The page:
As the sun begins to set over the French countryside this Saturday, the stage will be set for the world’s most demanding test of motor endurance – the 24 Hours of Le Mans. Hitting a major milestone, the event marks its 100th anniversary, tracing its lineage back to its inaugural race in 1923. This year will witness the 91st running of the iconic auto race.
For many motorsport enthusiasts, the 24 Hours of Le Mans stands as a beacon of technical prowess and human resilience. It forms an integral part of the unofficial Triple Crown of Motorsport, sharing this prestigious title with the Monaco Grand Prix (Formula One) and the Indianapolis 500 (IndyCar).
The Heart of the Race: Circuit de la Sarthe
Set within the scenic locale of Le Mans, France, the Circuit de la Sarthe is a formidable arena that hosts the renowned race. The 24 Hours of Le Mans is a centerpiece of the 2023 FIA World Endurance Championship (WEC) schedule, serving as its fourth event out of seven.
The Circuit de la Sarthe is a blend of purpose-built racetrack and sections of public road, encompassing a daunting distance of 8.5 miles – nearly twice the length of the longest Formula One track. The course has undergone significant modifications over the years, most notably in response to a tragic 1955 incident, where an accident resulted in the loss of 83 lives and left hundreds injured.
The Unique Challenges of the 24 Hours of Le Mans
Unlike other races, Le Mans places as much emphasis on endurance and vehicle preservation as on raw speed. Drivers navigate complex strategies around fuel management, tire usage, and braking material preservation, all while avoiding debilitating mechanical damage.
The event’s regulations require a three-driver team setup. Each driver rotates in a relay of resilience, racing for over two hours before relinquishing control to a teammate during a pit stop. It’s not just about the shared adrenaline, but also the shared responsibility – every team member must do their part to ensure the car survives the grueling 24-hour journey.
The race, in fact, is not a single race but a plurality of contests that take place simultaneously. Cars are split into various classes based on their specifications, and each category becomes a race of its own, within the larger race. The objective? Cover the maximum distance within 24 hours.
A History of Innovation
The 24 Hours of Le Mans was initially conceived as a competition for European manufacturers to test the durability of their sports cars. The race has grown into a global platform for automotive testing and innovation, with marquee names such as Porsche and Audi – the event’s most successful manufacturers – using the race to pioneer numerous powertrain technologies.
“Le Mans is much more than just a race,” said Yannick Dalmas, a four-time winner at Le Mans. “Every lap, you’re hitting high speeds multiple times, day and night, in heavy traffic that forces constant judgment and the search for the optimal racing line.“
Tony Kanaan, a driver who competed in 2017 and 2018 editions, echoed this sentiment. He highlighted the race’s rich history and its unique challenges, saying, “A 24-hour race is a completely different dynamic than I’m used to. It’s dependent on more than just you and the car, but these three other guys who need to give you the car back in one piece. And you need to get it back to them in one piece.“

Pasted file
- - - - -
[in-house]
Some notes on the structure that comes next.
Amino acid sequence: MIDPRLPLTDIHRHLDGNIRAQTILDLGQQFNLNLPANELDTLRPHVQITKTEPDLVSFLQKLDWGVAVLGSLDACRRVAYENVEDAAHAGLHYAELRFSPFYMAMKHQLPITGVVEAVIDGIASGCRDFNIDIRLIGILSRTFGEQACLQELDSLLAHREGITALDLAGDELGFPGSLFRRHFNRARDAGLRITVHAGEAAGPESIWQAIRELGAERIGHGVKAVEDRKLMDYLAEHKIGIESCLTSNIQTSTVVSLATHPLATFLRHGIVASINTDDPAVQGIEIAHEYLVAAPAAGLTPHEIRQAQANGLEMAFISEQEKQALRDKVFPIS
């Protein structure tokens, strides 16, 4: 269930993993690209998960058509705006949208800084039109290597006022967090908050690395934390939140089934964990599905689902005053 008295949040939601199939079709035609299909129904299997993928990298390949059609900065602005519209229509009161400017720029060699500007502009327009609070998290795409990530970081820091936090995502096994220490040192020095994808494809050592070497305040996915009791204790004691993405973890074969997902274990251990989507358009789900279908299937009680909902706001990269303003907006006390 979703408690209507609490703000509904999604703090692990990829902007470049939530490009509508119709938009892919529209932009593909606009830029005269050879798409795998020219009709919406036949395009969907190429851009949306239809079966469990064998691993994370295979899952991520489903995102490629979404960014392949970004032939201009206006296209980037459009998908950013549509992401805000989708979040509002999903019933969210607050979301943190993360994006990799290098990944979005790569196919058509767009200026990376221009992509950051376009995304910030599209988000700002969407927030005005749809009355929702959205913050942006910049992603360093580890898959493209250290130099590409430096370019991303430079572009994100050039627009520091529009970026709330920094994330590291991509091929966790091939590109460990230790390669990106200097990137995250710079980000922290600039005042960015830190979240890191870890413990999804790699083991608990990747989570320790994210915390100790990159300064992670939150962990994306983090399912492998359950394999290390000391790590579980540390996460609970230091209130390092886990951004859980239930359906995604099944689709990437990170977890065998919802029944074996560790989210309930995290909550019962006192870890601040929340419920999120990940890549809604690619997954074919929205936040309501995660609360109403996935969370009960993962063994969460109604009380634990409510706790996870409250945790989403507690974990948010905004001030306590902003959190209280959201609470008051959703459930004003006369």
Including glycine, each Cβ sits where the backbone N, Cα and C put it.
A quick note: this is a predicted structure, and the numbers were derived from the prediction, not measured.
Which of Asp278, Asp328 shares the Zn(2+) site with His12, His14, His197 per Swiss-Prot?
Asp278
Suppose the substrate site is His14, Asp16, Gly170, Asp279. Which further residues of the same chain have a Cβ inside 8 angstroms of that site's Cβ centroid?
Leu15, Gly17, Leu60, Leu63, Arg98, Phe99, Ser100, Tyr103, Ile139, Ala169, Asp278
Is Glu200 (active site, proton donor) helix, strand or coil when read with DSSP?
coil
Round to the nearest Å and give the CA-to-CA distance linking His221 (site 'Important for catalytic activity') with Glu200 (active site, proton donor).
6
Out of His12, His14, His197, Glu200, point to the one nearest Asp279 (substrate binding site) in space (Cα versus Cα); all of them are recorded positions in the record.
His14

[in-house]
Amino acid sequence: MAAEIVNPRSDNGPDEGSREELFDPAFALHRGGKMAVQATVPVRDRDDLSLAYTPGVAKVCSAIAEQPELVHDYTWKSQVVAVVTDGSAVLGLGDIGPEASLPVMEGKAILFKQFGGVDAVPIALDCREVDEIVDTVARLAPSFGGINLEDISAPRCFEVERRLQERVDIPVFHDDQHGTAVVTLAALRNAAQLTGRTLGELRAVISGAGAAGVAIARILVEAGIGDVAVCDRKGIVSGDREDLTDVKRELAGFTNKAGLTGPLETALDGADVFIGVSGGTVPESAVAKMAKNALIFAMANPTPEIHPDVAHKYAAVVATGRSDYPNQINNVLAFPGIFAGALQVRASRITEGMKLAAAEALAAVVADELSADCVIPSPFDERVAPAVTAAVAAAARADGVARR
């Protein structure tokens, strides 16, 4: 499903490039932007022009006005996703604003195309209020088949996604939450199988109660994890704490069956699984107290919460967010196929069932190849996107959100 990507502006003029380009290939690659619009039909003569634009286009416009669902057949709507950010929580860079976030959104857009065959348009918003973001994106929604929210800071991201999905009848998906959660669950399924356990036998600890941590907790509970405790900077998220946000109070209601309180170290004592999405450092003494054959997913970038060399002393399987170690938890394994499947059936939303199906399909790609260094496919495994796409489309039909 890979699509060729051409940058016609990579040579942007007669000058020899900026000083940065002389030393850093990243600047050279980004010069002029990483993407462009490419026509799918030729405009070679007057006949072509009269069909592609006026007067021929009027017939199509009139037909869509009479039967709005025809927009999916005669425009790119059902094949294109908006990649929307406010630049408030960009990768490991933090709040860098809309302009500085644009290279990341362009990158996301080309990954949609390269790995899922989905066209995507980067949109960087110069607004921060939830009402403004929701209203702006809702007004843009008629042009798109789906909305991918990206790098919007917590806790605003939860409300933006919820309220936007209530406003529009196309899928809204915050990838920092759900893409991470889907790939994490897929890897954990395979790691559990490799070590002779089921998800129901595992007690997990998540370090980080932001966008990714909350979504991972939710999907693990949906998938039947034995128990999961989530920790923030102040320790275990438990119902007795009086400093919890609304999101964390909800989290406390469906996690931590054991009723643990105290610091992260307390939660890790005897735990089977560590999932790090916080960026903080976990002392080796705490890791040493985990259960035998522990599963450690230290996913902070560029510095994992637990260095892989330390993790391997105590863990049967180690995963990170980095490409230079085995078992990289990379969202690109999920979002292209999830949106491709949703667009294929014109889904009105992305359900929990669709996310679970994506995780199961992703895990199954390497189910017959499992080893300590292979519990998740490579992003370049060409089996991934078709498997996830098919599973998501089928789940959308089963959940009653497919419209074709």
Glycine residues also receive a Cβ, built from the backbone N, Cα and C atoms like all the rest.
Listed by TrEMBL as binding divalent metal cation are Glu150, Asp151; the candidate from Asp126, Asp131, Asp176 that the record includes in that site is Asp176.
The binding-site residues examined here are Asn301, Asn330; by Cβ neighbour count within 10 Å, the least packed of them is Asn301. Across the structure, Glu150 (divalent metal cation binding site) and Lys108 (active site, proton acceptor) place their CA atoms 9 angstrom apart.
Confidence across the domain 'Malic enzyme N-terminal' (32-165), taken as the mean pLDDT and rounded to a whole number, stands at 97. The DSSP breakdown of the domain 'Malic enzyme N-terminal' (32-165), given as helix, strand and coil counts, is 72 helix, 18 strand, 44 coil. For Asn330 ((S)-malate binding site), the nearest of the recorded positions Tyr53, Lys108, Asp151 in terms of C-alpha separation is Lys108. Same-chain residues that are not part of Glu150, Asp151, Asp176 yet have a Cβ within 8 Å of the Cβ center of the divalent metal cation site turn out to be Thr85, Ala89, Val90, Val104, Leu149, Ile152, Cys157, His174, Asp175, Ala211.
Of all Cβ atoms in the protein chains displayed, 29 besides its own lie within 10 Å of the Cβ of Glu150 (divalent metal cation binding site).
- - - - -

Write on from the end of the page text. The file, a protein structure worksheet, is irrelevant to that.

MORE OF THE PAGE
Notable Participants of the 24 Hours of Le Mans
This year’s event will see the return of Toyota teams that claimed first and second positions last year, led by drivers Sébastien Buemi, Brendon Hartley, Ryō Hirakawa, Mike Conway, Kamui Kobayashi, and José María López. These teams will be part of the top-tier “hypercar” category, where they will compete against five American teams, including the Glickenhaus Racing trio (Romain Dumas, Olivier Pla, and Ryan Briscoe). IndyCar star Scott Dixon (Cadillac Racing) and former Formula One driver Antonio Giovinazzi (Ferrari AF Corse) will also grace the hypercar class.
A fascinating feature of Le Mans since 2012 has been the “Garage 56” entry – a spot reserved for a concept car showcasing new automotive technologies. The 2023 Garage 56 entry is a Chevrolet Camaro ZL1 from Hendrick Motorsports, to be piloted by NASCAR star Jimmie Johnson, 2009 F1 champion Jenson Button, and 2010 Le Mans winner Mike Rockenfeller. While they compete, they are seen more as pioneers than contenders.
A Toast to the Champions
With a history steeped in tradition, the 24 Hours of Le Mans is credited as the birthplace of the post-race champagne shower – a delightful tradition born out of an unintended champagne spray by Swiss driver Jo Siffert in 1966. The following year, American Dan Gurney intentionally shook a bottle to spray the cheering crowd after his victorious run.
Today’s winners receive more than just champagne showers. They are awarded Rolex watches and a trophy, while also securing points toward the WEC title, underlining the importance of the event in the larger championship landscape.
Tune in for the Adventure
The 24 Hours of Le Mans begins at 10 a.m. Eastern time Saturday and will be broadcast in the United States on MotorTrend. Motorsport fans can also stream the race on platforms that carry the network, including YouTube TV, Fubo TV, and Hulu Plus Live TV.
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